In 1987, I was in my third year of dental school, working hard drilling cavity preps, making cement impressions for bridges and crowns, and bending wires for braces. But, in truth I was miserable, going through the motions of doing a job I thought would satisfy my dreams. Even now, my stomach churns remembering the anxiety of waking up to a truth I had tried to deny. I wanted to believe I could force myself to be happy. But mind over matter wasn’t working any more. I had to face realty: I had made a terrible mistake.
For someone who had prided herself on being in control, how did I get to a place where everything was unraveling?
Flash back to 1983. I’m in a pre-med program in college, fulfilling a track I’d been on since childhood. Having a natural proclivity for science, I had set my sights on becoming a physician like my father at an early age. And the positive encouragement I got when I told people “I want to be a doctor” propelled that decision for years. But as I started filling out medical school applications, something was shifting in my mind. Questions I had never thought to ask myself now occurred to me like what does it really mean to be a doctor? Could I stomach telling someone that their loved one was dying? That thought made me dizzy with anxiety and dread. For that and some other reasons, I no longer wanted to be a physician.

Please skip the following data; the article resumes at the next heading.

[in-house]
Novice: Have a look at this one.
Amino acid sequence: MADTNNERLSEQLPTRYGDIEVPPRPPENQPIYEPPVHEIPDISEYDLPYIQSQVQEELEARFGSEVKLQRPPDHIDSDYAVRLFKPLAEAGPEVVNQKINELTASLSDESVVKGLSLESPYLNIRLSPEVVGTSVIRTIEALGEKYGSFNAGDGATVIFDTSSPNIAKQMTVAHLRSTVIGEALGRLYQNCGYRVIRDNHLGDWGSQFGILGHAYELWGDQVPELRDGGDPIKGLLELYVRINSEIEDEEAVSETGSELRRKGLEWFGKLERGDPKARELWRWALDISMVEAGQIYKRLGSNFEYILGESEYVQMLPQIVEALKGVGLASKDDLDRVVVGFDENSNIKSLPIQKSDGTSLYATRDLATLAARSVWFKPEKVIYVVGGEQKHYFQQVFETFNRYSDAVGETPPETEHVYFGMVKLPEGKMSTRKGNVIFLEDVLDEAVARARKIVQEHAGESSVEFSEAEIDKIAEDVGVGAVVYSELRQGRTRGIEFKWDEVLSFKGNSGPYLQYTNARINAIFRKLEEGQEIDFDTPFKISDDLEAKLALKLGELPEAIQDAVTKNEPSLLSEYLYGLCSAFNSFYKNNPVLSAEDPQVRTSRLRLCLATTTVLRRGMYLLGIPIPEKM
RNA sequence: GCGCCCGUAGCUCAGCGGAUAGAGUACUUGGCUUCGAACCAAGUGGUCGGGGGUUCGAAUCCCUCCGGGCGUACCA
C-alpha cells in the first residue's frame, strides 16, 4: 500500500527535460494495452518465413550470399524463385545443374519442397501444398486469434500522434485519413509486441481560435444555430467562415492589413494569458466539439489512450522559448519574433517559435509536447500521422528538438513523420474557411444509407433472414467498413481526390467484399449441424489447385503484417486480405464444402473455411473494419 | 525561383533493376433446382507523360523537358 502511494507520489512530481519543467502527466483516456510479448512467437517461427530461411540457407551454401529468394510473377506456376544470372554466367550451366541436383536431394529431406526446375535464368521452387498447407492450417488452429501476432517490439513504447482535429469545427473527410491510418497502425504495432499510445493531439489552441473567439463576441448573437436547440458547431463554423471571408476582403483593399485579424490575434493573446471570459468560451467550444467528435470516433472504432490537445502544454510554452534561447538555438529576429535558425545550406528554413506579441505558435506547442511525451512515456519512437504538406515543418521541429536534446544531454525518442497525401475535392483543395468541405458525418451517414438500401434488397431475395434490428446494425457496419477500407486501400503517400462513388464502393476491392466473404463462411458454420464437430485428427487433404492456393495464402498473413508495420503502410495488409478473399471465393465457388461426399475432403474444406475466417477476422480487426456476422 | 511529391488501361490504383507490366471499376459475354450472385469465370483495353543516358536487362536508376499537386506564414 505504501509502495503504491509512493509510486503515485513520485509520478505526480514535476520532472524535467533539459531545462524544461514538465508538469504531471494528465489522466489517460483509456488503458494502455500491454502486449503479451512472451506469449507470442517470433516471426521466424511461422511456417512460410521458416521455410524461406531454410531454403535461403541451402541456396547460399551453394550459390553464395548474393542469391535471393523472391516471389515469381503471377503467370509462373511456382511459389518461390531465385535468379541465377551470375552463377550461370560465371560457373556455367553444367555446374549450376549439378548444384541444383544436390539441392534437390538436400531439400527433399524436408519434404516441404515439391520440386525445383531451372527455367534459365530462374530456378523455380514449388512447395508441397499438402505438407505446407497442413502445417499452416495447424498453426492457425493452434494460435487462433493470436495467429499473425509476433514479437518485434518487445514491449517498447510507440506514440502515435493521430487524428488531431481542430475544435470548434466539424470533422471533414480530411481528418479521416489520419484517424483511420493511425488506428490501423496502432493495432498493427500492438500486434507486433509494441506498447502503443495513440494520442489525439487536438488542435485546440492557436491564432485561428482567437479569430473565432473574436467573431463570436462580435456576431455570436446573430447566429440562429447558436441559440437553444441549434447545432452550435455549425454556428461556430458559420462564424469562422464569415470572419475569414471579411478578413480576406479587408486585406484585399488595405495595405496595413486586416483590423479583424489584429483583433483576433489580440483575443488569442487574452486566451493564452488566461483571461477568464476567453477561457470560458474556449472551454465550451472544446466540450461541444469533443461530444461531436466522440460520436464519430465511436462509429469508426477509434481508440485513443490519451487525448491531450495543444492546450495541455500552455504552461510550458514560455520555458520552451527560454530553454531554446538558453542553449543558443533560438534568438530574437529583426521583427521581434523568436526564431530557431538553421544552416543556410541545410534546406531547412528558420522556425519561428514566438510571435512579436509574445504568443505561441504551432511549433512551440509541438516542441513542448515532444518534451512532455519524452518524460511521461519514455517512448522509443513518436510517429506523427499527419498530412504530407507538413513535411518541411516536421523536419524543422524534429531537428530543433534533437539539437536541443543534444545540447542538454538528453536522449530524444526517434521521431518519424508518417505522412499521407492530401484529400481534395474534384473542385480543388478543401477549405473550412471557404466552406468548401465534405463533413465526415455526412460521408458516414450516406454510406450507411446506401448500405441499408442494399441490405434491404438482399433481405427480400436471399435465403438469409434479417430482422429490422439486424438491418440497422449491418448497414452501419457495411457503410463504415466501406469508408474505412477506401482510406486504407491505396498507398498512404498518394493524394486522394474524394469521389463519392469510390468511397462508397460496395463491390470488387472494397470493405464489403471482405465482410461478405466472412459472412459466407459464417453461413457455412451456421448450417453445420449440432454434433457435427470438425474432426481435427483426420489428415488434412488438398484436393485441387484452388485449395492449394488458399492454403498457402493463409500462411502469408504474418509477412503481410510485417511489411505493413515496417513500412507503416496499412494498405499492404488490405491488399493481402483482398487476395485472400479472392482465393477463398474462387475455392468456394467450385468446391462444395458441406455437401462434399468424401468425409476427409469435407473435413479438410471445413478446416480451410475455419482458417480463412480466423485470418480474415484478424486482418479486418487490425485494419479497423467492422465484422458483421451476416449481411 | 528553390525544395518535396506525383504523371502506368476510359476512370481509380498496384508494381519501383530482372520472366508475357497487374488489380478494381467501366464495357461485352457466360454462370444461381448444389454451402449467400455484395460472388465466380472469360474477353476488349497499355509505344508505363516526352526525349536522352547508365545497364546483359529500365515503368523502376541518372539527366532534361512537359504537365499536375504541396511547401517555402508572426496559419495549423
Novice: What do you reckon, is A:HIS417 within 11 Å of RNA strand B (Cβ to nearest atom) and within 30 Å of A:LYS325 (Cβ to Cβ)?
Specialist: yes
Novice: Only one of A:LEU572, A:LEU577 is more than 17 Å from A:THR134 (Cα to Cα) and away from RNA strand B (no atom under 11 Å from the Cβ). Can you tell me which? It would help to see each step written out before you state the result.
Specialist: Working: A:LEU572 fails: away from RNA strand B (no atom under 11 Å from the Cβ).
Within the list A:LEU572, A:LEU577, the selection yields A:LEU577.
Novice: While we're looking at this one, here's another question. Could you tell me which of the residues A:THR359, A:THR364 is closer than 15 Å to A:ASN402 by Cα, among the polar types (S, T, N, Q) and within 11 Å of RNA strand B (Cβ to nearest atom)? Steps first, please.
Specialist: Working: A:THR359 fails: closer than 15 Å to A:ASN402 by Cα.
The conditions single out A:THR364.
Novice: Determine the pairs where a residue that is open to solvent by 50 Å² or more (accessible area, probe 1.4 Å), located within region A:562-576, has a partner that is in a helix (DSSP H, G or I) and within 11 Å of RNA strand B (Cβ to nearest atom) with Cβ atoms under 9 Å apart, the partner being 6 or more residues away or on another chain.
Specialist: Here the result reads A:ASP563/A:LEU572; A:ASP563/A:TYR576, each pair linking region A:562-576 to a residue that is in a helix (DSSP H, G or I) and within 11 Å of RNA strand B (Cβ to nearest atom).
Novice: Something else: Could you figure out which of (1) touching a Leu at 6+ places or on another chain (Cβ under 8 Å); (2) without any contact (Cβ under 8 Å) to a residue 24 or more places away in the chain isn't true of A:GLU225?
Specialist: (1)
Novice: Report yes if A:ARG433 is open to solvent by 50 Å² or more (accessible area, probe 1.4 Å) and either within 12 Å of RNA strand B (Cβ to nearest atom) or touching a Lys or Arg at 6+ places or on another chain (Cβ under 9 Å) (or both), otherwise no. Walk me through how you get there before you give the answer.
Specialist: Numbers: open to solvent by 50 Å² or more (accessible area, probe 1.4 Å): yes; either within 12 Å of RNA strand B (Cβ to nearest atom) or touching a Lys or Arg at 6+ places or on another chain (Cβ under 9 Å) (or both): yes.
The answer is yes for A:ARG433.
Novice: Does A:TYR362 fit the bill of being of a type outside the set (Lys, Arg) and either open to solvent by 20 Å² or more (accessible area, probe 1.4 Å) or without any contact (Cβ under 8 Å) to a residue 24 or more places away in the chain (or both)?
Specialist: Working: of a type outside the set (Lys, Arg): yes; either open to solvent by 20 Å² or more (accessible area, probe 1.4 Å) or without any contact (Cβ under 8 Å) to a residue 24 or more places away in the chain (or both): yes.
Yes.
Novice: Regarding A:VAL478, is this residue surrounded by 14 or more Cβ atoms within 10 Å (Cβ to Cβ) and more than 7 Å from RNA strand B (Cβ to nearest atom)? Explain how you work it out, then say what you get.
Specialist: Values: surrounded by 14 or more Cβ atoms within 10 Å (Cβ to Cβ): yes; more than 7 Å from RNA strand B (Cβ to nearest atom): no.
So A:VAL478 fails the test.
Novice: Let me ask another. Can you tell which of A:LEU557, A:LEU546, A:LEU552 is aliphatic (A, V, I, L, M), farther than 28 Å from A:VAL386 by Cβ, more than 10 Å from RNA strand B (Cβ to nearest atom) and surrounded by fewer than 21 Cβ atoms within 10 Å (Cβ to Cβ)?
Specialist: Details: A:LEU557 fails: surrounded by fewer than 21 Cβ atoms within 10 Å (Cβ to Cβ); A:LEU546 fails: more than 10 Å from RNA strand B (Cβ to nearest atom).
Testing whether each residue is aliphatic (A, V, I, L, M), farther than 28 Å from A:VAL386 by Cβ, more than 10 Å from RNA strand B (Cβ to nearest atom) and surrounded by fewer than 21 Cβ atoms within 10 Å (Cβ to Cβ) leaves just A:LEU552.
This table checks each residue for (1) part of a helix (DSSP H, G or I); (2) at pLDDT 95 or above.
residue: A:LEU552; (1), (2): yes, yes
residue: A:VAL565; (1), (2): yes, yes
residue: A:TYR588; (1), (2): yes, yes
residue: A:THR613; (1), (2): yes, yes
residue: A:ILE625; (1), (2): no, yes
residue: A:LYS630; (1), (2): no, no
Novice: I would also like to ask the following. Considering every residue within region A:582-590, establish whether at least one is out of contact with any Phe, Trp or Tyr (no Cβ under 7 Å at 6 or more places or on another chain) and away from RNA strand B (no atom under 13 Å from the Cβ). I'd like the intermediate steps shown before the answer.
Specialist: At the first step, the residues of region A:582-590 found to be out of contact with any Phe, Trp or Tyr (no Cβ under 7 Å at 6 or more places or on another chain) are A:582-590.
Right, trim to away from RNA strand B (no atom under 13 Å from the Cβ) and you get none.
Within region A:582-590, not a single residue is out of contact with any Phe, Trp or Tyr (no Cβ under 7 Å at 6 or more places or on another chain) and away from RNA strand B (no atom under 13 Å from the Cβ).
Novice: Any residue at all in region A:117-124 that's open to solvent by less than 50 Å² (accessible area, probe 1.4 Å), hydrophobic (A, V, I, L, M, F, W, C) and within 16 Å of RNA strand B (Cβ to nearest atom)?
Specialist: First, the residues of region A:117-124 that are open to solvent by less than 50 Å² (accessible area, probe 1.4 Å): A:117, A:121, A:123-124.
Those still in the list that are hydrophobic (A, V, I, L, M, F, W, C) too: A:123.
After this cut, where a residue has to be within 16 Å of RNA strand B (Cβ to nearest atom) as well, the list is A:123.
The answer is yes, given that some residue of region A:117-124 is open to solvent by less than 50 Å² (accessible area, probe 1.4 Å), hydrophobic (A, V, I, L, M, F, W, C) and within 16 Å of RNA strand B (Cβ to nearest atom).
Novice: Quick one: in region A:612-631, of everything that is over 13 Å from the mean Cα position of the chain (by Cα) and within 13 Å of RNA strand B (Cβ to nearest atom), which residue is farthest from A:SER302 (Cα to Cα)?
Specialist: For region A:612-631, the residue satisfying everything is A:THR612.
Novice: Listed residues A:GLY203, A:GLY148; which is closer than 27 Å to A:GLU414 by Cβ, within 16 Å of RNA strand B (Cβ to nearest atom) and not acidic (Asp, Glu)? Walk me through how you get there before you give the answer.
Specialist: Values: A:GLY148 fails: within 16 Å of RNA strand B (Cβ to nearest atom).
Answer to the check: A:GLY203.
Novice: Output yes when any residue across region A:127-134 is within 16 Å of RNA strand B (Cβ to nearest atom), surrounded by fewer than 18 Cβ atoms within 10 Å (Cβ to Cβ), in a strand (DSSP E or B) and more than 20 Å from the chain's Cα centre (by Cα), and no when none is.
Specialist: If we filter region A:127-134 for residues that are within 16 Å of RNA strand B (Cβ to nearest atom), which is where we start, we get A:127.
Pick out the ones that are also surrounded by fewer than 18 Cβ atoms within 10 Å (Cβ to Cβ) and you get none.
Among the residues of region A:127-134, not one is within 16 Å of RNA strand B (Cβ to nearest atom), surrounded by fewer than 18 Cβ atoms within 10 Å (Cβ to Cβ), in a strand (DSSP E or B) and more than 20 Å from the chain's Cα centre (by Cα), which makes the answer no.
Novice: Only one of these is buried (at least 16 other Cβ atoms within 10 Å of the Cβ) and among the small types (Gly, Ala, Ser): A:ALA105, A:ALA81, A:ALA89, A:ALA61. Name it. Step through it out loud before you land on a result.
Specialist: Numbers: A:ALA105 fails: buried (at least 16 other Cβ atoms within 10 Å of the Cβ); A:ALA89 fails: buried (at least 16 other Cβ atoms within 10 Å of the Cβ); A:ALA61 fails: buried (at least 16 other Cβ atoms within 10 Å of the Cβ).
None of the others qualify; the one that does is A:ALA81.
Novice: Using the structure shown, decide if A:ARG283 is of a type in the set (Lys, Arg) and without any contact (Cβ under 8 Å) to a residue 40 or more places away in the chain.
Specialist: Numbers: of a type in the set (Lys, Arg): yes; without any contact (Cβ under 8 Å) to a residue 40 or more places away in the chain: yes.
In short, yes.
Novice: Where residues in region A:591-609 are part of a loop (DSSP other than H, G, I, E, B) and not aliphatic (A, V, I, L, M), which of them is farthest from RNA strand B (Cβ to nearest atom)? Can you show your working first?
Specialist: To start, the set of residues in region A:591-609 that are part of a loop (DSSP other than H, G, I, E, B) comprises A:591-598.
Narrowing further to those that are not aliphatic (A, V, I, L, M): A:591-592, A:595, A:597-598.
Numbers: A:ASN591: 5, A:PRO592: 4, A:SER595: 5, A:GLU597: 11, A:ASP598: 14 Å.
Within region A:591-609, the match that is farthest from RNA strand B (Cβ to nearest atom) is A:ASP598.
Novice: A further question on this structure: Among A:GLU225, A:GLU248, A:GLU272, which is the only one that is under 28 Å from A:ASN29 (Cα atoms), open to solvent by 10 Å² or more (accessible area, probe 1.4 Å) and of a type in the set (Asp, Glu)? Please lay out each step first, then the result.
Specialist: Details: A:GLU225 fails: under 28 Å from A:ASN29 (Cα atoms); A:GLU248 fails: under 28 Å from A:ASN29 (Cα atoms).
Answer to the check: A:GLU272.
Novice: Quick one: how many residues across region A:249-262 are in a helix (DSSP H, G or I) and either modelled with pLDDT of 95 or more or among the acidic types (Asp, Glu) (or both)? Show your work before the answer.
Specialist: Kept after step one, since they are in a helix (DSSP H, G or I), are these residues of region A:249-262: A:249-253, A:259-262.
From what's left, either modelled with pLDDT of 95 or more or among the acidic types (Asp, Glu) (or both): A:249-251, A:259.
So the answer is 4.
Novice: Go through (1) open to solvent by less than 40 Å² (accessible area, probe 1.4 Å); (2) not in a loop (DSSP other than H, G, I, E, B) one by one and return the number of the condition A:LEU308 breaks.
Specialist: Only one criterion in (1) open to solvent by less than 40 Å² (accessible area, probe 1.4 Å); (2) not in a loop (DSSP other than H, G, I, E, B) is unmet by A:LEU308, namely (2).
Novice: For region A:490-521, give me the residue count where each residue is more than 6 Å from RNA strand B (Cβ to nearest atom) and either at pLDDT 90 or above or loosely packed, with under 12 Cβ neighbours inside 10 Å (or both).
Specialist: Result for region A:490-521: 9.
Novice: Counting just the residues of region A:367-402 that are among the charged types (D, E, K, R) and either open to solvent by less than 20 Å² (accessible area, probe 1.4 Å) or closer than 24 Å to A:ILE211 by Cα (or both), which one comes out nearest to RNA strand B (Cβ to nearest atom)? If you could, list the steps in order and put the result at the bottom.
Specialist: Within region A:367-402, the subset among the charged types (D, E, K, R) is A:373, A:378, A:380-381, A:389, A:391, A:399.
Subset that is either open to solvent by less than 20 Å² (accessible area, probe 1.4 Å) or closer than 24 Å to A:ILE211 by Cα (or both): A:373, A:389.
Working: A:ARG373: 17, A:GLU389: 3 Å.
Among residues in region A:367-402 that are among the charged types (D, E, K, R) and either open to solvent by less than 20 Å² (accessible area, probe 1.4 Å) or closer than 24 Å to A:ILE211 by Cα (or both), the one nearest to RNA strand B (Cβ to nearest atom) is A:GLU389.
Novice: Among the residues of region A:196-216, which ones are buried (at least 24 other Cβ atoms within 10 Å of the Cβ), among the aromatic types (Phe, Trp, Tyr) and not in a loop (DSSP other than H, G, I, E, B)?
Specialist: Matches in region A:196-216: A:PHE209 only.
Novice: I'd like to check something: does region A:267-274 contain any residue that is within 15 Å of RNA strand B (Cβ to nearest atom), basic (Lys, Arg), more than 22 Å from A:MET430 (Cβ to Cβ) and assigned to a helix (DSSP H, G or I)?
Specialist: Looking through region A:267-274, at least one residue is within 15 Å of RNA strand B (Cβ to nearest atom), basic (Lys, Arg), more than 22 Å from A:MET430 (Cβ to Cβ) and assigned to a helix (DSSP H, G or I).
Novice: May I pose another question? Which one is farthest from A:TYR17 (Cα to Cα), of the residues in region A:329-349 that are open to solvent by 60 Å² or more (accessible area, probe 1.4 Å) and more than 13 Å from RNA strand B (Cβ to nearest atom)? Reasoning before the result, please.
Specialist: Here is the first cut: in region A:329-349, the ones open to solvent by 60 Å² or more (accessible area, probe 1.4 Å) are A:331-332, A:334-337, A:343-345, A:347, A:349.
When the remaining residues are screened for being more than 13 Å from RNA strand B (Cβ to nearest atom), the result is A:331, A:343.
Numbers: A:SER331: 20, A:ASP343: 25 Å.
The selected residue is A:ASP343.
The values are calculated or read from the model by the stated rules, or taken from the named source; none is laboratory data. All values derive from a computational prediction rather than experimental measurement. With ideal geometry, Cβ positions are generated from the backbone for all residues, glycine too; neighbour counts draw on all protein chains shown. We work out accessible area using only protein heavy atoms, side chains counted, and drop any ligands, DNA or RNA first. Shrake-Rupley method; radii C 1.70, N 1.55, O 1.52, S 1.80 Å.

(It would be 20 more years before I first came across the Change Triangle and learned other ways to manage anxiety besides avoidance!)
Oh my God, what am I going to do with my life???
I had to think quick. I racked my brain for an alternative career—something that didn’t involve death or loss. I asked myself, what profession was similar to medicine, but less intense?
I know! I’ll be a dentist! (The fact that I knew nothing about dentistry and never even had a cavity didn’t seem to deter me.)
The scariest part at this point was telling my father. I mustered up the courage and dropped the bomb. “Dad, I don’t want to go to medical school anymore, I want to be a dentist.”
He was appalled by my announcement. I wished he had been proud of me for figuring out what I wanted. Instead, he unabashedly conveyed his deep disappointed in me and disapproval of my decision.
The first two years of dental school were great. I was in a classroom, a place where I always felt comfortable, learning anatomy, physiology, pathology, and neuroscience. In fact, the medical students and dental students had the same classes for the first two years. Starting in the 3rd year, however, the dental students peeled off to the dental clinic to do actual dentistry. That’s when things went south. My manual dexterity wasn’t great, and I didn’t enjoy it. I was either anxious drilling in mouths, or bored by the work.
I prayed that it was dental school I didn’t like and not dentistry. I decided to finish school and be a dentist for a year. If I still hated it, my plan was to quit. I knew enough to cut my losses before I started to make good money, which might lure me into staying.
My year as a dentist at the Memphis VA hospital could not have been better. I loved the state-of-the-art dental clinic. I met terrific colleagues. I adored the patients who were kind, grateful and appreciative for my treatment. I hated the work!